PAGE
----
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Re: functional languages ill-suited for large programs?
Alan Bawden <Alan@LCS.MIT.EDU> writes:
> But what if I needed to be able to forget old memoized values?
> Then you'd be moving the goal posts! What you -said- was that a functional
> language prevented you from expressing memoization. Now you've changed
> your tune!
You're right! Sorry. :) I was thinking in the context of the
original question, but that's not what I wrote.
> Well, I wasn't trying to rebut your overall argument nor was I trying to
> claim that concealed state isn't useful. I was just pointing out that your
> -specific- claim (that functional languages prevent you from expressing
> memoization) isn't true.
It certainly isn't. The standard lazy replace-thunk-with-value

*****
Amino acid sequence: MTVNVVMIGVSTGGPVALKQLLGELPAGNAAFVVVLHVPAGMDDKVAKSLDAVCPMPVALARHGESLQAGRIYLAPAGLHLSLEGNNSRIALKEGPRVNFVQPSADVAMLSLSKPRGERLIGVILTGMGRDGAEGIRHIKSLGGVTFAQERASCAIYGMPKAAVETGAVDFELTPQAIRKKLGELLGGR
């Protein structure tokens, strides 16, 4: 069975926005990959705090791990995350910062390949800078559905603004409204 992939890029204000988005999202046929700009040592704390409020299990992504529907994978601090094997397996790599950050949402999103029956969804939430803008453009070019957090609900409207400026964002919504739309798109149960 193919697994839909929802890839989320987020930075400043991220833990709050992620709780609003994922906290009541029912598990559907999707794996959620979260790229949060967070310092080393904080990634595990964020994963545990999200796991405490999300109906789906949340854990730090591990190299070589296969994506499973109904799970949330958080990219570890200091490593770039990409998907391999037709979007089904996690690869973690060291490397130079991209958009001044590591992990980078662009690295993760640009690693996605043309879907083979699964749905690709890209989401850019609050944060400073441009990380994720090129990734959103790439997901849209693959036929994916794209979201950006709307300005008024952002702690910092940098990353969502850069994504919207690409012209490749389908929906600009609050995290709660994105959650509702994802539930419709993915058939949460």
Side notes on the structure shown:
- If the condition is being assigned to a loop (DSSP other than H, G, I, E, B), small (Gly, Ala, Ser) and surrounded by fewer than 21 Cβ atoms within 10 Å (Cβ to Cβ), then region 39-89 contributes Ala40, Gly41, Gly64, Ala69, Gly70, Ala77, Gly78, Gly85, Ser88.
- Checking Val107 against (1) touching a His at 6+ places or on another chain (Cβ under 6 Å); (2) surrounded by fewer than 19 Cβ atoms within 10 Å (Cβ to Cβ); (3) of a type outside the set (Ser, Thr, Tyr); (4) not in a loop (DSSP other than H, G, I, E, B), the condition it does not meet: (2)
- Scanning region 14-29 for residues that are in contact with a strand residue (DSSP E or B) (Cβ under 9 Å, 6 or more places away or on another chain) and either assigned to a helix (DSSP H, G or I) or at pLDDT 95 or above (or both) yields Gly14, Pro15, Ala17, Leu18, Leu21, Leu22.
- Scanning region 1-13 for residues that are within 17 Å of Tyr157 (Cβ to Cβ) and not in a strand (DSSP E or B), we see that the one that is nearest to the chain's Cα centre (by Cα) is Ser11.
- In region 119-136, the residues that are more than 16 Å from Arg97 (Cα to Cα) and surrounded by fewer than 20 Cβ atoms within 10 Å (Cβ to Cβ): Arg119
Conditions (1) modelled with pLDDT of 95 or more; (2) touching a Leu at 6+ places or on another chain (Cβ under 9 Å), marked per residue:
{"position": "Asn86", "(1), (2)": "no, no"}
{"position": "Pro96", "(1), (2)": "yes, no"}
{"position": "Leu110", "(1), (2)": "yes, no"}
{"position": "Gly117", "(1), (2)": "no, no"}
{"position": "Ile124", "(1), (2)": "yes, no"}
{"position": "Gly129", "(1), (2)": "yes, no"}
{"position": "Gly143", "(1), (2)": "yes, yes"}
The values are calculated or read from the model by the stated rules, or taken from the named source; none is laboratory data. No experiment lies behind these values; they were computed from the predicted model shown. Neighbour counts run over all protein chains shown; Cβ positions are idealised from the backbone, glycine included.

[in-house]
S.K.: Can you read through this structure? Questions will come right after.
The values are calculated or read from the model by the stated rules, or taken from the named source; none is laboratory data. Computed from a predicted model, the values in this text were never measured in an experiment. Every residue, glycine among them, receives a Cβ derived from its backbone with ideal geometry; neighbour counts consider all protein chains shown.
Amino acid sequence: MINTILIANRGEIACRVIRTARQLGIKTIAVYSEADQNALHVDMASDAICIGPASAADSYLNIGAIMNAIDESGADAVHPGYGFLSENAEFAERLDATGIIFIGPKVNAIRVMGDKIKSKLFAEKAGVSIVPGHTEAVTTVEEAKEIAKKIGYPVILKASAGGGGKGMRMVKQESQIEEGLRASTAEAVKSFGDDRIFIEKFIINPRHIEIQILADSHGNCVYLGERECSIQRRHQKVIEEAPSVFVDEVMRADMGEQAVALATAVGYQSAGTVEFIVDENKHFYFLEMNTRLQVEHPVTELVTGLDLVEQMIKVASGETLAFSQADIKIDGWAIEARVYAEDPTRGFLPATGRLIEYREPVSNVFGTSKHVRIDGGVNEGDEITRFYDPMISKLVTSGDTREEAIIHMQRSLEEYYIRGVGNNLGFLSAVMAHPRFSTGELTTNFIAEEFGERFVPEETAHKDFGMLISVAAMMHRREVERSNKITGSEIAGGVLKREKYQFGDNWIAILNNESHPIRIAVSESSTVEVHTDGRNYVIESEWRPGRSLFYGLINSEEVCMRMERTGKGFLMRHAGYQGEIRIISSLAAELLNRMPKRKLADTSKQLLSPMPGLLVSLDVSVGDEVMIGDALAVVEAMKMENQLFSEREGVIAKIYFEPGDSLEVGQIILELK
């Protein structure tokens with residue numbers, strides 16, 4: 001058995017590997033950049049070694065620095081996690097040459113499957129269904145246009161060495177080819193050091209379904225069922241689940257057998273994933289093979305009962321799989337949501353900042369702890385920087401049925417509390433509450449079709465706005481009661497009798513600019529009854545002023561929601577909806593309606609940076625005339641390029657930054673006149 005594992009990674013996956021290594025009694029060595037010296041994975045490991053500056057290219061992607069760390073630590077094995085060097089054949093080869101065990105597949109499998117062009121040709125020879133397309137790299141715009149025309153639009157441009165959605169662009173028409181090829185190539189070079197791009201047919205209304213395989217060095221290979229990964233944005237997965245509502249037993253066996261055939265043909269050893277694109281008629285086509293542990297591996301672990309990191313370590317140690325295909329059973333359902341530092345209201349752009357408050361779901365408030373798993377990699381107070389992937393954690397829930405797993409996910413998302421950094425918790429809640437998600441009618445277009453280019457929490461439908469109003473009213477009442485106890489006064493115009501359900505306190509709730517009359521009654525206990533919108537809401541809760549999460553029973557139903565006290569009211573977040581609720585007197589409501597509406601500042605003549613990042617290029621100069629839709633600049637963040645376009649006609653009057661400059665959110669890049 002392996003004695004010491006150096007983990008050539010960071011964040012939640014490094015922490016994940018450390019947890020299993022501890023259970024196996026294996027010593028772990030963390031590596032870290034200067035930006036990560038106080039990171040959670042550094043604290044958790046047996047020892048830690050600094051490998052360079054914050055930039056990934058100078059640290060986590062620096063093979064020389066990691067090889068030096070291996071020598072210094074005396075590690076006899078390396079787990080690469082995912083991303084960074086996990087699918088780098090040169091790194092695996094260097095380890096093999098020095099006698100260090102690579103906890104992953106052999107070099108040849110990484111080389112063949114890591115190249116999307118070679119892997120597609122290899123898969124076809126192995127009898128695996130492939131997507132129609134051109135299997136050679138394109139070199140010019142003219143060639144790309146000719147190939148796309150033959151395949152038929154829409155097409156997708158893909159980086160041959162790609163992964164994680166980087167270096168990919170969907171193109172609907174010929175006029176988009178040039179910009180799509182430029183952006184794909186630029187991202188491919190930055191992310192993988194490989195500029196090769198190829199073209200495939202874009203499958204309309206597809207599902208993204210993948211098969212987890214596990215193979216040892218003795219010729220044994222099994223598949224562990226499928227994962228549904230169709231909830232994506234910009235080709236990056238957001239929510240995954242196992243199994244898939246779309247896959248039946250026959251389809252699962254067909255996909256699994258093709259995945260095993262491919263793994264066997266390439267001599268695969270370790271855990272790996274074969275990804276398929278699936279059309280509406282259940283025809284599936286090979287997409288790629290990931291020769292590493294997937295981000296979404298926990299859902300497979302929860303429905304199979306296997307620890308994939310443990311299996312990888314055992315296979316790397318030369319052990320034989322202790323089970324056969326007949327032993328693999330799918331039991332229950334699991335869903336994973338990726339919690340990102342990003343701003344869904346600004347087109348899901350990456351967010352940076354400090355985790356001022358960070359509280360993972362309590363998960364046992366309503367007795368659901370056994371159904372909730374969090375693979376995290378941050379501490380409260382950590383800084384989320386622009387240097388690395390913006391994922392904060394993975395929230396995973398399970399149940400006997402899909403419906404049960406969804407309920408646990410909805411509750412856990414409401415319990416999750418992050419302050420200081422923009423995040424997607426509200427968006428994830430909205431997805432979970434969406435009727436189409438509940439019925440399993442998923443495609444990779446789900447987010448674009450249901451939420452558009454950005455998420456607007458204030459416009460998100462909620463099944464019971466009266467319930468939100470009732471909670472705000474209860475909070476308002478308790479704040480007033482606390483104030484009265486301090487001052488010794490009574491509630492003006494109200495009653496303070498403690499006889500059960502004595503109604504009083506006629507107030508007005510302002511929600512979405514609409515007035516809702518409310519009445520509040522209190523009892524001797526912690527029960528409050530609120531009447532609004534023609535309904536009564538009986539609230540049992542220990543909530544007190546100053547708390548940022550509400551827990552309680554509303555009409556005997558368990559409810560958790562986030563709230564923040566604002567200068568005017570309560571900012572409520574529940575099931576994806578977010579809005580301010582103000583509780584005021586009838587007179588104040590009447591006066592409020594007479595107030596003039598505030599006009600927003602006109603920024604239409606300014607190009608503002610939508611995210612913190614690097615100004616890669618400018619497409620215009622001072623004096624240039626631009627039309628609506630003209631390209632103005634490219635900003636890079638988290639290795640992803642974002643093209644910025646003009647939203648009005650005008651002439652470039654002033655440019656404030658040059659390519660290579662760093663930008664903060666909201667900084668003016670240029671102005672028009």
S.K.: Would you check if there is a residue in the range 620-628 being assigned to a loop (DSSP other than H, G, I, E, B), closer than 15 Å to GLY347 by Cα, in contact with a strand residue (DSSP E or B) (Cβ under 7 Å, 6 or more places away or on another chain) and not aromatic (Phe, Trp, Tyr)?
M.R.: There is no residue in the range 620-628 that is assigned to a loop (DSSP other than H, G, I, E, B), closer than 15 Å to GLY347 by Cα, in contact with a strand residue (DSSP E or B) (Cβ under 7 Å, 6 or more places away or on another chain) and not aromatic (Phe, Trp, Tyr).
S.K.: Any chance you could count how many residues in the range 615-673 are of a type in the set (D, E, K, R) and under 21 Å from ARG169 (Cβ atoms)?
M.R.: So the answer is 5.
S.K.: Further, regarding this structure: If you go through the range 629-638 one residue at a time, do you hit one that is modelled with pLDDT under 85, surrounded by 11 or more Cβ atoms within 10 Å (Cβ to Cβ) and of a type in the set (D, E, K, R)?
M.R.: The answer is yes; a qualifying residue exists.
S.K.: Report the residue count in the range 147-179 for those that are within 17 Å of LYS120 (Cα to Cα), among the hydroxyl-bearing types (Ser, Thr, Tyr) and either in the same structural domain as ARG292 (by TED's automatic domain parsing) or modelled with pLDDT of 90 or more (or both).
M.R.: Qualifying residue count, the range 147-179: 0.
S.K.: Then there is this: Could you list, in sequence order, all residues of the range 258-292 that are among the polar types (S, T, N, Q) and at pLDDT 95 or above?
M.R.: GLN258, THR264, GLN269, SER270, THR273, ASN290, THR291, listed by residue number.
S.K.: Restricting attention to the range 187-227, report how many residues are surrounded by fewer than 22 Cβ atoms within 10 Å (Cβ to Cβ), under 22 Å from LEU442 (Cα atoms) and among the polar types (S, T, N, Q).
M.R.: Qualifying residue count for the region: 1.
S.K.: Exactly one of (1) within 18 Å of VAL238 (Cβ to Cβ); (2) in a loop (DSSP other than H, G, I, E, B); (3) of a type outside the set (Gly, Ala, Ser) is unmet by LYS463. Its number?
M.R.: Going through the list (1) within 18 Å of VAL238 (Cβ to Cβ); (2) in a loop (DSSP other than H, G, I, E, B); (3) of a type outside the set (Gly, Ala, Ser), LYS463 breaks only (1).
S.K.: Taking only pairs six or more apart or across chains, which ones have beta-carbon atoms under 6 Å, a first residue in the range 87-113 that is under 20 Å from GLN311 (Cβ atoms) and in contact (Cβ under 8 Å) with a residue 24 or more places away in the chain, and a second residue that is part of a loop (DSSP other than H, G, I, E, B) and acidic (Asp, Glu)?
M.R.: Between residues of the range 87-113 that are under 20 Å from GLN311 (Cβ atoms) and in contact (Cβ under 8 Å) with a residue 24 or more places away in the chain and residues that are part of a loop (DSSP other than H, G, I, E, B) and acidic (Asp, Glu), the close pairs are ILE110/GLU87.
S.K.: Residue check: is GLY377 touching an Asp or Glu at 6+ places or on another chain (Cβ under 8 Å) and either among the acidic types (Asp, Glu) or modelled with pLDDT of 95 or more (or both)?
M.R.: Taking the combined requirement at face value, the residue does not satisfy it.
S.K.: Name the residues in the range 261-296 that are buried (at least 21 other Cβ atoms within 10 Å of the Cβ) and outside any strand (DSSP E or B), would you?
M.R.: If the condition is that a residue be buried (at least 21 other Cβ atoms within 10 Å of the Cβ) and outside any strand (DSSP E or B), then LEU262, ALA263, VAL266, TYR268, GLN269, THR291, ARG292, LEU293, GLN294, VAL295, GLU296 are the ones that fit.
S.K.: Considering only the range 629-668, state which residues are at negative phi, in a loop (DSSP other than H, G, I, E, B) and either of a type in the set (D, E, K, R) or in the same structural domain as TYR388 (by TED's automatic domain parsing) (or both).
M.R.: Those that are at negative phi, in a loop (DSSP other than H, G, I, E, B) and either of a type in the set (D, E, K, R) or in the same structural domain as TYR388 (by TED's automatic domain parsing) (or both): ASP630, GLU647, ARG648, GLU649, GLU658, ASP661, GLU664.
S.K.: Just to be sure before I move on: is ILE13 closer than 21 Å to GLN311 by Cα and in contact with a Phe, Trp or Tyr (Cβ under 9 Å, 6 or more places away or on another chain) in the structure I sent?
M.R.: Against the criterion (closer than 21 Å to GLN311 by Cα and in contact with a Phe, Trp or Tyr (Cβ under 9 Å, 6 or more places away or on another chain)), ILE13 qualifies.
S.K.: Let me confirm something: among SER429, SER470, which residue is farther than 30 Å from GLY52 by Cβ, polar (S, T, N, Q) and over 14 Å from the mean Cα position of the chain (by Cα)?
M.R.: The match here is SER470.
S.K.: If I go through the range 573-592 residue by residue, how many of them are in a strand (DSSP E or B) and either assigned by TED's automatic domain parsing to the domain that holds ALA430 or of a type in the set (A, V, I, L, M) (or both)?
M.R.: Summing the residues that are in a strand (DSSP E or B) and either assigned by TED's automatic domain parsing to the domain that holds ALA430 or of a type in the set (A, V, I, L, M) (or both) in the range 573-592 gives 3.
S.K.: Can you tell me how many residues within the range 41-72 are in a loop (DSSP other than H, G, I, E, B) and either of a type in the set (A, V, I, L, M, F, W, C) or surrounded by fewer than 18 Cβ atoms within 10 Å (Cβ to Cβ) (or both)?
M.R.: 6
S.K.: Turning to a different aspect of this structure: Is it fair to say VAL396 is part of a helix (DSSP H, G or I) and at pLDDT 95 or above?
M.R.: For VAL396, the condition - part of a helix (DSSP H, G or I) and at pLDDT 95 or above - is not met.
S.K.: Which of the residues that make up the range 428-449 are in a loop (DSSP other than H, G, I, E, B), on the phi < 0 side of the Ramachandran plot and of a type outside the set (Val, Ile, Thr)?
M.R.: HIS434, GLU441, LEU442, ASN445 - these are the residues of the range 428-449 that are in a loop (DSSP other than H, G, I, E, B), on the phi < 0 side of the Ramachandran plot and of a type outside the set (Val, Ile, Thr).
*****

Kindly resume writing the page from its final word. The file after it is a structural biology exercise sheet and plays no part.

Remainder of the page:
mechanism matches caching the results of expensive computations
> I was also indirectly making the point that it can be surprising what -can-
> be expressed in a functional language. I think you're right that state is
> indispensable in many situations. But I'm not as certain as I used to be
> about exactly what those situations are, I've been surprised too often...
That is very encouraging to hear.
But I think if we programmers as a group could simply get over our
obsession with actually *running* our programs, then we could forget
altogether about how well the language implementation we wanted to use
controlled the particular machines we have in front of us. I think
great things would come of it.